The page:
Letter To The Editor: What Might Not Be Realized About Rec Bond

By JESSICA CHIPERA
Los Alamos
 
I wish someone else had brought up these important notes on the recreation bond because I try not to get political. But I also think it’s irresponsible for me to leave these remarks unsaid.
 
It is disappointing to see Los Alamos county suggest a general obligation bond to pay for income-producing facilities. This essentially means that people in Los Alamos will be paying for the amenities twice if they vote yes. I don’t know about you, but I tend to only pay for purchases once.
 
The way this bond appears to be set up, the increase in property tax is supposed to partially pay the bondholders, and the residents are supposed to pay additional money to use the facilities, along with alleged people from out of town. It looks like the income from the facilities will go to pay the rest of the amount due to the bondholders.
 
General obligation bonds are not supposed to rely on revenue to make the project feasible. The fact that this one needs two sources of funding to be viable concerns me, and it’s not just because it makes the actual cost of the facility much higher than the proposal says.
 
Income-producing projects are typically financed using revenue bonds. Revenue bonds pay investors a higher interest rate, and they typically do not cause a rise in the taxation of the dwellers of the municipality (you) because the bondholder is paid with the income produced by the project.
 
Sports arenas and stadiums are usually paid for with revenue bonds, so it would make sense that a recreation center, pool, and golf course would be too.
 
If there were a high probability that the proposed new amenities would be used as often as the county alleges, there would be no problem finding investors willing to buy the higher-paying revenue bond securities, and the county would be able to fund this project without a tax hike.
 
Unfortunately this recreation bond doesn’t follow the rules of well-behaved bonds.
 
As stated before, the county is making an assumption that people from outside Los Alamos will pay to use the amenities funded by the bond issue. I personally find this a bit ironic considering that most of the people I’ve talked to who are in favor of the bond, lean that way because they don’t want to travel to Santa Fe to recreate. And let’s get realistic here. I don’t even like driving from Los Alamos to White Rock. Are people in Espanola and Santa Fe more willing to travel?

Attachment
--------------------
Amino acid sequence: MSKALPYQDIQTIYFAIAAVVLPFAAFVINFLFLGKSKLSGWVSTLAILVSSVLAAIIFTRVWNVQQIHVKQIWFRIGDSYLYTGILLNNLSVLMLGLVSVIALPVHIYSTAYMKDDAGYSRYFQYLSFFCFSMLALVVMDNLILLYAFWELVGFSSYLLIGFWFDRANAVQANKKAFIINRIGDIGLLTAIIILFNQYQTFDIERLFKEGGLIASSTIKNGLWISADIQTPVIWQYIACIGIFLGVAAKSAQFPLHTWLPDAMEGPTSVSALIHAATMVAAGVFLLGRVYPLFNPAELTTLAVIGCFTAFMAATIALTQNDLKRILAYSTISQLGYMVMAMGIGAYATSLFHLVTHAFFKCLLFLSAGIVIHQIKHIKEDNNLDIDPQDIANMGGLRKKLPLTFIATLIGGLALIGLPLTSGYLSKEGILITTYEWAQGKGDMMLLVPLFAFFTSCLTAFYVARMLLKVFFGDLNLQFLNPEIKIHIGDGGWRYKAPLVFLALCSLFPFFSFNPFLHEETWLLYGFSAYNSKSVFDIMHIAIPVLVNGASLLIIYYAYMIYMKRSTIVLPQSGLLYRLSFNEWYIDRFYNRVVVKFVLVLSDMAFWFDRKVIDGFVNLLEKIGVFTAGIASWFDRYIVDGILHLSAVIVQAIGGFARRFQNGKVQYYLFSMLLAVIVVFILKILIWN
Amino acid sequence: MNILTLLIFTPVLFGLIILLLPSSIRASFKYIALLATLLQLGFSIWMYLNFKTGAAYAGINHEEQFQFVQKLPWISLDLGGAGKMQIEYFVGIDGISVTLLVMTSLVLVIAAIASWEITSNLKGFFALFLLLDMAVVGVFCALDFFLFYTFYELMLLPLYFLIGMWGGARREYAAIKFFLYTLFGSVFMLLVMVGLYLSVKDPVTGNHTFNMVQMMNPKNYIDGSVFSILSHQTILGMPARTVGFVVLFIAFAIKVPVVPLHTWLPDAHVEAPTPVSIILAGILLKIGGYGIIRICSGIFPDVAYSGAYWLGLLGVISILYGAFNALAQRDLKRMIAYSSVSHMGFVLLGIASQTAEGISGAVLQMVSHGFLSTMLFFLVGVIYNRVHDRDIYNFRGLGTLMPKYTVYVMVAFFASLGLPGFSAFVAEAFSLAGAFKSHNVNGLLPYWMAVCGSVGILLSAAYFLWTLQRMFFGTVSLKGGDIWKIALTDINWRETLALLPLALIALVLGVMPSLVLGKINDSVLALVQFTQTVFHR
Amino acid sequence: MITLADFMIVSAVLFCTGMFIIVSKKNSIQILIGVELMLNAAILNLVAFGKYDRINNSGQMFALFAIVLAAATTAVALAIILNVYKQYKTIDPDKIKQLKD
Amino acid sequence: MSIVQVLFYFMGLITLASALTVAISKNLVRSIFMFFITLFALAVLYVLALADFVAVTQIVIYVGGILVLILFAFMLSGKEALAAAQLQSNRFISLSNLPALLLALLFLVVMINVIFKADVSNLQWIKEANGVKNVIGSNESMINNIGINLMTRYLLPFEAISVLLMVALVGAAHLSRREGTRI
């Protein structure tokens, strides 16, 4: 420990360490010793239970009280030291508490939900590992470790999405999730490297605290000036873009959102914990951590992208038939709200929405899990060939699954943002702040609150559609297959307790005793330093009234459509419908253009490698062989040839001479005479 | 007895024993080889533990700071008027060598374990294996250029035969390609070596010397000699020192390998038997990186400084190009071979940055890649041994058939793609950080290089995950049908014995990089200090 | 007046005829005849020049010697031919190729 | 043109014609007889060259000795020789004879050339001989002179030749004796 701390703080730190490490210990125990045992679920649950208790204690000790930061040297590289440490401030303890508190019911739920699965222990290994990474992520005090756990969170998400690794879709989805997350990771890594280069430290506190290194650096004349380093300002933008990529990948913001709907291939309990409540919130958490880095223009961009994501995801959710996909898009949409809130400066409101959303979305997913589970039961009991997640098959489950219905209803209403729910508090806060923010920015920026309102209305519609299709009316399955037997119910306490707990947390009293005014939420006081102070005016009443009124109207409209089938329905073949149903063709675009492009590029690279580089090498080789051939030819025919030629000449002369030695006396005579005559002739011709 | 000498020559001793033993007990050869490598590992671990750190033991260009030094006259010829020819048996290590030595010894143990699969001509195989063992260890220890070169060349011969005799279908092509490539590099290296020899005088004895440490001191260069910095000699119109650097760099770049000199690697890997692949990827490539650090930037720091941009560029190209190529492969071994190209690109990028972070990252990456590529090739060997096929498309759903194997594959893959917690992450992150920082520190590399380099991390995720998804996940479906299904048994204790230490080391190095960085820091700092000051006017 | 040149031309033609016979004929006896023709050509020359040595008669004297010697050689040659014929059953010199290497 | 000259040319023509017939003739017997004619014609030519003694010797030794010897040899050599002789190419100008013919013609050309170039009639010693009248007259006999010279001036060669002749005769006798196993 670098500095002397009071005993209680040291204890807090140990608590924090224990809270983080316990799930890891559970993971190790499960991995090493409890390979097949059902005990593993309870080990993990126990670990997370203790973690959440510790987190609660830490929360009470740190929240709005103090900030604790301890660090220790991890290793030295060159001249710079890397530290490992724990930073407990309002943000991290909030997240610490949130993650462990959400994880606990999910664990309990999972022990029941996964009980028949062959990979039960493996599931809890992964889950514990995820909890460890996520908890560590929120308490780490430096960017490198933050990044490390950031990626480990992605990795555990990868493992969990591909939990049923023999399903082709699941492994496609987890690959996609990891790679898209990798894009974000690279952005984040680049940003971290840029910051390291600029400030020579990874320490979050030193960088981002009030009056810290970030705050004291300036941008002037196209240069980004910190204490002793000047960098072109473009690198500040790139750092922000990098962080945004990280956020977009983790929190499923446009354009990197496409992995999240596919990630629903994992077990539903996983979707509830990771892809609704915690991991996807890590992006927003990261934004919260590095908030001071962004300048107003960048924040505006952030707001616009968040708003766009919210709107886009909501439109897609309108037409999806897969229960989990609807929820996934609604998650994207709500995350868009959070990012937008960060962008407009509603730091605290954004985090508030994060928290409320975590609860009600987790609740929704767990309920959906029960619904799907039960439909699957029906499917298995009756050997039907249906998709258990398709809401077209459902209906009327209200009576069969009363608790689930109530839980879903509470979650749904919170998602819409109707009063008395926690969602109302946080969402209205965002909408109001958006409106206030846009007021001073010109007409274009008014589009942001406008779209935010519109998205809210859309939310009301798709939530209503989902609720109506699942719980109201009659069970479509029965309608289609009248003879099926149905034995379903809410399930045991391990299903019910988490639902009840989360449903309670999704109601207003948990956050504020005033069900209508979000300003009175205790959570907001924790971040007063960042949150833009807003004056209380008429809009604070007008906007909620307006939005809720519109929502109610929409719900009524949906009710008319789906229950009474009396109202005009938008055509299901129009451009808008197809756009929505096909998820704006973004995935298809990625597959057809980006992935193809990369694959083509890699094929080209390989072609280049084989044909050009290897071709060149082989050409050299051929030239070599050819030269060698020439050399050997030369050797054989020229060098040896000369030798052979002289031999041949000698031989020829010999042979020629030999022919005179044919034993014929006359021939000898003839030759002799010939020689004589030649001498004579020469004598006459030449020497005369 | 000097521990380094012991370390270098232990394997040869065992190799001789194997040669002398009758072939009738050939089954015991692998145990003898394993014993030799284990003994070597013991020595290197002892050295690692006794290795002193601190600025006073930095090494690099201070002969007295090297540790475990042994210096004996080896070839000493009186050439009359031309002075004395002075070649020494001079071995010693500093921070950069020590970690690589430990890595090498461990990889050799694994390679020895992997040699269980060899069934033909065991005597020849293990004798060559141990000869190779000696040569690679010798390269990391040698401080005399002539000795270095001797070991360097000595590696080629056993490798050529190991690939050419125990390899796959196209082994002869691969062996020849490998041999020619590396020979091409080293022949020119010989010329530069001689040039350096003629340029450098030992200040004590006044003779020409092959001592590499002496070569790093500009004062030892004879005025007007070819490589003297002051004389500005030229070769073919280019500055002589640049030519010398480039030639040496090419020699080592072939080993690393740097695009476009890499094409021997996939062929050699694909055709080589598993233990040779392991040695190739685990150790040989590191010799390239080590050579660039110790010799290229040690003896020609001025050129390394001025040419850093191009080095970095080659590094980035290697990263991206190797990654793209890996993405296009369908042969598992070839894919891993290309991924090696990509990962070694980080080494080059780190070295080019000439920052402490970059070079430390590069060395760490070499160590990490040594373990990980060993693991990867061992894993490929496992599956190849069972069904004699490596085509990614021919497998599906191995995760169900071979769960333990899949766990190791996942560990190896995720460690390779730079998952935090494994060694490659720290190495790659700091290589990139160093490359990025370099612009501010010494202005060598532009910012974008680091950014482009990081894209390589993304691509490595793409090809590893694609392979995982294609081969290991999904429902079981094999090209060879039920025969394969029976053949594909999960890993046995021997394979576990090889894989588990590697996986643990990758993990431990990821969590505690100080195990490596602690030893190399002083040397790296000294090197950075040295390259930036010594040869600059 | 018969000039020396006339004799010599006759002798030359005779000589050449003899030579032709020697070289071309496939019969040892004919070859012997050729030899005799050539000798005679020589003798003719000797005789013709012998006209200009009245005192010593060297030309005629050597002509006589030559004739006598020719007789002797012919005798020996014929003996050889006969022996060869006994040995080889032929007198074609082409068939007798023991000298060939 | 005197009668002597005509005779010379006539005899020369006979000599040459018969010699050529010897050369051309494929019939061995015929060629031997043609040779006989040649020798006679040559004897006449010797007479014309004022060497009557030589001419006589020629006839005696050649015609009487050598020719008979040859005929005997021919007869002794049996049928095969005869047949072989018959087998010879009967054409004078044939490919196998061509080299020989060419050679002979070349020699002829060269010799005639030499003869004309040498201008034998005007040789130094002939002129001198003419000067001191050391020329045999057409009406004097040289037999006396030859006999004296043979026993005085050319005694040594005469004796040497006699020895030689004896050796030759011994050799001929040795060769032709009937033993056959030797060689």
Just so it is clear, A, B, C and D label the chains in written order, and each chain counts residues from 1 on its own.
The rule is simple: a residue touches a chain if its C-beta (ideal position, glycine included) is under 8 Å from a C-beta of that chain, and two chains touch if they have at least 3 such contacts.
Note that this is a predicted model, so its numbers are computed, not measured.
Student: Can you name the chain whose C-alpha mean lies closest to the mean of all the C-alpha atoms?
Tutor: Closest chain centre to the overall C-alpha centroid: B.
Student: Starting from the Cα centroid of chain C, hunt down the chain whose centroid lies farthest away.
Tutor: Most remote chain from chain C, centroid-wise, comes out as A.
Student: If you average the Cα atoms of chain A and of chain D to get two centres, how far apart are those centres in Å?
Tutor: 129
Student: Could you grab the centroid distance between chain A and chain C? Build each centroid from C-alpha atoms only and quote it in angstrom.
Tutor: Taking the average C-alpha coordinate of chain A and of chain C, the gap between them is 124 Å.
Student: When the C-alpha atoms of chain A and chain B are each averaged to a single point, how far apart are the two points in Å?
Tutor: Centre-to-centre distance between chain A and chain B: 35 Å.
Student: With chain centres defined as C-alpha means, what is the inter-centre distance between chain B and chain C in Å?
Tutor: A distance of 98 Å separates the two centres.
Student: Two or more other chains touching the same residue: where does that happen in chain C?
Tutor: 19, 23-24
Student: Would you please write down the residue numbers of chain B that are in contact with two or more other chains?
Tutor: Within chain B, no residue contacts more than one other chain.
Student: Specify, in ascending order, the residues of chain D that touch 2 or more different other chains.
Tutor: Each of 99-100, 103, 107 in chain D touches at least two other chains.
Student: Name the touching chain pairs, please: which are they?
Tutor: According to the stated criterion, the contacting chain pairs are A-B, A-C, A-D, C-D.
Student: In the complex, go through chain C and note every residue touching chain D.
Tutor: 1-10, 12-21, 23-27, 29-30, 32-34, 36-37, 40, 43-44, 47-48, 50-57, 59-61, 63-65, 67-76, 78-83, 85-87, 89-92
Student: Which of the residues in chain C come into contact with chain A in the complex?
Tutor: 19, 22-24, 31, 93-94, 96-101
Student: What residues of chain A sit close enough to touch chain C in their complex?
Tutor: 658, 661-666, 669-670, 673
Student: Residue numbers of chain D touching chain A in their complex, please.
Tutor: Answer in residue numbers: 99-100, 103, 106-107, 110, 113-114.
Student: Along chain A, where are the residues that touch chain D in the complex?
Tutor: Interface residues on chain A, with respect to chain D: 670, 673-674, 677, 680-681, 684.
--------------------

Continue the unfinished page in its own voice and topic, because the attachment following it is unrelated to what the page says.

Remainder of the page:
I’ve seen people ask what happens if the facilities don’t get used. Let’s explore this scenario.
 
Because it’s a GO bond, Los Alamos residents would be obligated to repay the loan regardless of whether or not revenues can recoup some of the costs. This means another tax hike, if necessary. Property tax, sales tax, corporate tax, income tax, excise tax, gas tax, or any other tax can be increased in order to pay the bondholders if the recreation center doesn’t generate the revenue the county says it will produce.
 
As it is structured, the recreation bond is somewhat regressive in nature. Sure, the people with the nicest properties will shell out the most money in the form of a property tax increase. However, let’s look at what happens to another group of people in Los Alamos: retired people.
 
I’ve brought this up before, and people asked me to explain it. There’s a reason why I’m not a teacher, but I’ll try. Hopefully this is sufficient.
 
Let’s say you are 70.5 years old and have saved $350,000, which is in a tax-deferred retirement account (an IRA, 401k, 403b, etc). You no longer have any tax write-offs, and you are obligated to take a required minimum distribution of 3.65% or $12,775, which is taxed as income. The required amount increases every year. If you don’t take the full distribution, you’re punished with a different tax.
 
The thing is, I’ve done the math and even when living frugally, there is a greater than 50% chance that a retired person will run out of money before they die because of three things: 1) Taxes. 2) The safe withdrawal rate for their retirement account is probably less than the required minimum distribution (taxes again!) And 3) The law of percentages.
 
Increasing property tax means increasing the probability that retired people will run out of money.
 
This is why I’m hesitant to vote for something that adds a tax burden to retired people unless it is a requirement for the community. Schools are requirements. Recreation centers are luxuries, not requirements.
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